and Recertification Policy Manual (Denver: National Certification Board: Perioperative Nursing, Inc, 1992) 18. A u t h o r s ’ r e s p o n s e . The 1992 CNOR Certification and Recertification Policy

Manual distributed by the National Certification Board: Perioperative Nursing, Inc (NCB:PNI) to CNOR applicants defines CNOR certification as “The documented validation of the professional achievement of identified standards of practice by an individual registered nurse providing care for patients before, during, and after surgery.”’ The manual describes perioperative nursing performance that “exceeds that which is necessary for competency in practice.”2 The manual goes on to identify the first objective of the CNOR program: “Recognize the individual professional nurse who is proficient in practice.”3 These statements are repeated in the 1992 certification information and application pamphlet distributed by the NCB:PNI to potential applicants. The CNOR examination is a test of knowledge only. We believe that our comments are appropriate. When only knowledge is tested and claims are made regarding practice/performance, the logical assumption is that the performance level accompanies the knowledge level. Pamela S. Gibson’s work was referenced in our article. She was very considerate to have shared it with us. It was rewarding for one of our findings to coincide with one of hers. Eighty-four percent of the respondents in her study agreed that certification would improve their patient care skill^.^ Obviously, a majority felt that a link existed between CNOR certification and perioperative nursing practice. The statement in our article was not intended to imply anything further than a degree of importance being attached to the CNOR credential in relation to practice. This was not a contention of our project, and no other assertions related to the issue were made. We appreciate the interest in our article and hope these misinterpretations have been cleared. One of our intentions was to stimulate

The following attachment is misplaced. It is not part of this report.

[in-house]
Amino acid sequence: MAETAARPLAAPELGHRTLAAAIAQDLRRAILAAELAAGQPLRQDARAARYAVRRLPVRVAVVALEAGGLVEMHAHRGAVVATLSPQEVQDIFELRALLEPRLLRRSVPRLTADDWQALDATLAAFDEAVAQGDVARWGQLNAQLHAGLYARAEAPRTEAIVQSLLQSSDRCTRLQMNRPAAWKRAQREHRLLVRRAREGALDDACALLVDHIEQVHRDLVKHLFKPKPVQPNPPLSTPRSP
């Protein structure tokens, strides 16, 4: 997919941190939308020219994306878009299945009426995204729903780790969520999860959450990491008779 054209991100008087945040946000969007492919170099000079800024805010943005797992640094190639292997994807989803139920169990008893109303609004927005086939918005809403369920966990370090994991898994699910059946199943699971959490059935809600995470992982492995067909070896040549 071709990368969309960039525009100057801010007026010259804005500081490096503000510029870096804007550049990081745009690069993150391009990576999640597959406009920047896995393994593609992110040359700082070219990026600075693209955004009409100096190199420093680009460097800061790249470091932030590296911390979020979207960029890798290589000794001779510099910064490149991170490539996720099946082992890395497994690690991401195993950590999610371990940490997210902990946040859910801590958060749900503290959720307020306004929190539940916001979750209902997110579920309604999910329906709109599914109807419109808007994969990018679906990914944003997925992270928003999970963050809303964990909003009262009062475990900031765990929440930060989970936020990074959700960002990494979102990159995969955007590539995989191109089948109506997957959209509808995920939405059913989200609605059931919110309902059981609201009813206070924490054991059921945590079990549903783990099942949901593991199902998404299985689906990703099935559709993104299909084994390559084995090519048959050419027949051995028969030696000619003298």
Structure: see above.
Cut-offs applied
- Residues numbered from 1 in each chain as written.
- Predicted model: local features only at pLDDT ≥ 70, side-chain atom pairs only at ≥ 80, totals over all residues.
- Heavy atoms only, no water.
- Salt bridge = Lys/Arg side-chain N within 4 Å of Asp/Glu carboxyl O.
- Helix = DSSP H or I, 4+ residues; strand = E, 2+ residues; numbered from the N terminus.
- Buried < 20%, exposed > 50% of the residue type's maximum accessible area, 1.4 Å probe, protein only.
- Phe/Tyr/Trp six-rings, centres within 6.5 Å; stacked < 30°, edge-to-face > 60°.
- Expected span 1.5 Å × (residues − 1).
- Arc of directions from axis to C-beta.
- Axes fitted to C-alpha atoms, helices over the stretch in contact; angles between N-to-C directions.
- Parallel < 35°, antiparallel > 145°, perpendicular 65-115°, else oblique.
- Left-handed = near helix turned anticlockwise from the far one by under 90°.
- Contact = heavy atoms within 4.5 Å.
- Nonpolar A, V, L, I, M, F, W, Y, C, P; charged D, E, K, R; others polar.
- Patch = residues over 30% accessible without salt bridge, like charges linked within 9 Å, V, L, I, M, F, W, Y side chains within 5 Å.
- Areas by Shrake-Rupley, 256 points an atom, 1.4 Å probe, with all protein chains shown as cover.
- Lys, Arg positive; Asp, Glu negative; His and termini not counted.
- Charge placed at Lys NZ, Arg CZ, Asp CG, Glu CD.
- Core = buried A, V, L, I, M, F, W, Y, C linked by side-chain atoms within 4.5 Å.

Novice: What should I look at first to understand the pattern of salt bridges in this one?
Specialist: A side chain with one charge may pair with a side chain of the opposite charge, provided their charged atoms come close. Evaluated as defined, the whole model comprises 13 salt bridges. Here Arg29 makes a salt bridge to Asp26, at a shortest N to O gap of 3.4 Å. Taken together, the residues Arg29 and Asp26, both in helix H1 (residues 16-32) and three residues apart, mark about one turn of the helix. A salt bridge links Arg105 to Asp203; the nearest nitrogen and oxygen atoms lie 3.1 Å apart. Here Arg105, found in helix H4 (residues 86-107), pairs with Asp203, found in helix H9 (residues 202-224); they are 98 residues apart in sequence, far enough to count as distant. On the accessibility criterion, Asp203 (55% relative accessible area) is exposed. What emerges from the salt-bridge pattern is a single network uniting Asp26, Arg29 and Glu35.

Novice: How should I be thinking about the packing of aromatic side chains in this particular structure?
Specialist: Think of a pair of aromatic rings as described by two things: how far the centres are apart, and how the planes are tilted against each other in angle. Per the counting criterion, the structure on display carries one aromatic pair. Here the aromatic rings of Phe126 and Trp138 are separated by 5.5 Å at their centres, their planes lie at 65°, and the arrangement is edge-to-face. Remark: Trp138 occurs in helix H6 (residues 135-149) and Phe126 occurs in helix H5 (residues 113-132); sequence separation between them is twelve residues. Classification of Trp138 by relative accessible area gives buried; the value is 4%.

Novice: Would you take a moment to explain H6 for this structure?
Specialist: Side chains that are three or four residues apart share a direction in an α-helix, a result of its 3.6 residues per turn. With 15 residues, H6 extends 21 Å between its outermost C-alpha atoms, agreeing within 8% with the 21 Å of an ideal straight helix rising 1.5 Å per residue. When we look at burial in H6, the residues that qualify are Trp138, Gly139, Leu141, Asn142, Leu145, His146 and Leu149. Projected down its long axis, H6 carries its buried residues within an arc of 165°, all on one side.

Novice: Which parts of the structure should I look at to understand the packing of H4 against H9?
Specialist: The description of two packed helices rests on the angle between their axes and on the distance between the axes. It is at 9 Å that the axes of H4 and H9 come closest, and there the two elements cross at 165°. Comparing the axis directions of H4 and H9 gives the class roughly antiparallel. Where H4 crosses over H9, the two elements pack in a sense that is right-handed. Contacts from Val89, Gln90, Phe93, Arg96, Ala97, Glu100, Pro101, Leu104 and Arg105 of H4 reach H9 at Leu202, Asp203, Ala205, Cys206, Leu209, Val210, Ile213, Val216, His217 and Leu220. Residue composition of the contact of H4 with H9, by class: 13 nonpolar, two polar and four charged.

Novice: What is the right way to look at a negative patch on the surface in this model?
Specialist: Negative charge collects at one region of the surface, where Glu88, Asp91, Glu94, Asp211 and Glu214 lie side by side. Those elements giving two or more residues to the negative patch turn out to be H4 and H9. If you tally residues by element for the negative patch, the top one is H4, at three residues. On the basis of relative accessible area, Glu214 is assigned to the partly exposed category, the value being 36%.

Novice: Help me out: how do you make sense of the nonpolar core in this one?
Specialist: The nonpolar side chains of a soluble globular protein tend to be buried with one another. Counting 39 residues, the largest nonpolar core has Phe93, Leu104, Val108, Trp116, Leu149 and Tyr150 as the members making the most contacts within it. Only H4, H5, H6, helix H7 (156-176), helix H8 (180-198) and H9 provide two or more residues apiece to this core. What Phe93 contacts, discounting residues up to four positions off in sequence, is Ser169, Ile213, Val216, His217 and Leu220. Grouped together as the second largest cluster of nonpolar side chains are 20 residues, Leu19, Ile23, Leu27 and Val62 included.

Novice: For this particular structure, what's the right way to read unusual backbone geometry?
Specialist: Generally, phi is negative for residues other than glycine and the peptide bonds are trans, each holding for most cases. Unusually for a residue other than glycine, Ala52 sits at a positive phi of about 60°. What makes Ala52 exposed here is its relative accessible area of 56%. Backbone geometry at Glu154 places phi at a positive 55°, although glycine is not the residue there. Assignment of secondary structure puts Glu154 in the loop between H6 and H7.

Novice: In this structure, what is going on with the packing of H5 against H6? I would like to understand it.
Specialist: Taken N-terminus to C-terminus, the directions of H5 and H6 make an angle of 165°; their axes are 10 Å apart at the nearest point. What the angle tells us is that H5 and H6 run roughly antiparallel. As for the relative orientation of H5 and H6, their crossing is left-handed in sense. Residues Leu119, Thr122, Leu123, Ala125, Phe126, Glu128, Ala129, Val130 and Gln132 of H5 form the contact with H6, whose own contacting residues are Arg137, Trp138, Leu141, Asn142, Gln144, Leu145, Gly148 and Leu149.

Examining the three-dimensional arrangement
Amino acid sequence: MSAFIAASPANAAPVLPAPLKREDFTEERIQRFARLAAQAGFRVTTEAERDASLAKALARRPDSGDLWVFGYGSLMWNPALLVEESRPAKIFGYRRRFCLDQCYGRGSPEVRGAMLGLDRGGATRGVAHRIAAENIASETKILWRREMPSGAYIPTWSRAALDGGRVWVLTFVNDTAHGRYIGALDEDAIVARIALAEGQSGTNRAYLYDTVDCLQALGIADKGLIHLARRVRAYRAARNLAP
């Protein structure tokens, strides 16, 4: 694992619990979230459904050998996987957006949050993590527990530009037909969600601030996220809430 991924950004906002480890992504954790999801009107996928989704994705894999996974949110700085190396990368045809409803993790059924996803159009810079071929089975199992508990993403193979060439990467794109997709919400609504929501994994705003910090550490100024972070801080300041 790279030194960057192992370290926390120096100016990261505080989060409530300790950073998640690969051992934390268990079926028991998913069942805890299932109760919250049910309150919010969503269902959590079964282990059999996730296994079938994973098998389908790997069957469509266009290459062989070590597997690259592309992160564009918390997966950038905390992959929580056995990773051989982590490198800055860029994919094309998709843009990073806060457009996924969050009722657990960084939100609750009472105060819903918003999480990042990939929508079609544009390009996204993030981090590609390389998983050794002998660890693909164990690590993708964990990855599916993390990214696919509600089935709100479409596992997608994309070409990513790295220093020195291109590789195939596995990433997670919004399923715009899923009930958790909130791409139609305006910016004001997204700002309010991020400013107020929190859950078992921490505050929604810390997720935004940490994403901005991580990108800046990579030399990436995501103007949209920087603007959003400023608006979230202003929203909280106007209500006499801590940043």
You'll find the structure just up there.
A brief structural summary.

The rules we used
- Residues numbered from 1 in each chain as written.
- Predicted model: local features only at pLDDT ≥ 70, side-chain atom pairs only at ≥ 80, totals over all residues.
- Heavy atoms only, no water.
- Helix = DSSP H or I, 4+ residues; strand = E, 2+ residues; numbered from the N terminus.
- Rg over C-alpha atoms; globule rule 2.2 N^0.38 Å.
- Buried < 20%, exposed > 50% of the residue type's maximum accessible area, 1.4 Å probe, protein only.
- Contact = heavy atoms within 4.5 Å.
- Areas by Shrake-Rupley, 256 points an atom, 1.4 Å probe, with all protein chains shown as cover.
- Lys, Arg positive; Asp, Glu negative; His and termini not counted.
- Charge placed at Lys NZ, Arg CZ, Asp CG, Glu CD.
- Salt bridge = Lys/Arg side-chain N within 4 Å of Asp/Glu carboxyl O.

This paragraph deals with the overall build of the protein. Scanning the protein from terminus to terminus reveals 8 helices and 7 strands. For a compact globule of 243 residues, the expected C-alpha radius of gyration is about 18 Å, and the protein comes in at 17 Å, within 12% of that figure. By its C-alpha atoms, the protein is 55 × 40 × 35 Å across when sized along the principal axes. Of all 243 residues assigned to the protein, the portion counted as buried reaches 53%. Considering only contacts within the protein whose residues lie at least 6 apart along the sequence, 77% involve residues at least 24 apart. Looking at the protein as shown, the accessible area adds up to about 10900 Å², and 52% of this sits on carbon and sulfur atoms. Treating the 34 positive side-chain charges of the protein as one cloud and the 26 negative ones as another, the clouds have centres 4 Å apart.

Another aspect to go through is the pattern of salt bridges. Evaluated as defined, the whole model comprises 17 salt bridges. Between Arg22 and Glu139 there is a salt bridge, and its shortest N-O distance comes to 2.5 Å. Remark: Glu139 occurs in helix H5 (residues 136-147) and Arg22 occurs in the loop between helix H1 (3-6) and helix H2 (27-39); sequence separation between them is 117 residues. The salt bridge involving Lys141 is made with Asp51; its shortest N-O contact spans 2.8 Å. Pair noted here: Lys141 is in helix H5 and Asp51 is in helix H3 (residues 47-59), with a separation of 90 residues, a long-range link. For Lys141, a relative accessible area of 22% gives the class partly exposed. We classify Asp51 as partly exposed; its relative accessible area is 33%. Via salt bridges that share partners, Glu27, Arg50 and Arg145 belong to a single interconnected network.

interest in the CNOR certification process. It appears that we have succeeded. During formal and informal presentations of our project’s process and findings, a great deal of interest and comments pertaining to certification are consistently present. DALEE. ALLEN,RN, MSN, CNOR, MAJ, US AIRFORCE AIR TRAINING COMMAND COURSE SUPERVISORDNSTRUCTOR OR NURSING COURSES, LACKLAND AIRFORCEBASE,TEX NANCY J. GIRARD, RN, MSN, CNOR ASSISTANT PROFESSOR UNIVERSITY OF TEXASHEALTH SCIENCE CENTER SCHOOL OF NURSING SANANTONIO. TEX Notes 1. “Certification process,” in 1992 Certification and Recertification Policy Manual (Denver: National Certification Board: Perioperative Nursing, Inc, 1992) 1. 2. Ibid. 3. Ibid. 4. P S Gibson, “The factors motivating perioperative nurses to pursue certification,” (unpublished research project, University of Phoenix, Denver, 1989) 30. The AORN Journal welcomes letters f o r its “Letters to the Editor” column. Letters must refer to Journal articles or columns published within the preceding two months. All letters are subject to editing. Authors of articles or columns referenced in the letter to the editor may be given the opportunity to respond. Letters that are included in the “Letters to the Editor” column must contain the reader’s name, credentials if applicable (eg,RN, BSN, CNOR),position or title, employer, and employer’s address. Submit all correspondence to the AORN Journal, Letters to the Editor, 10170 E Mississippi A w , Denver, CO 80231.


Attitudes toward certification.

trained staff; all of the necessary equipment. instruments, and supplies; timely information access: and a nice atmosphere. Providing my patient with...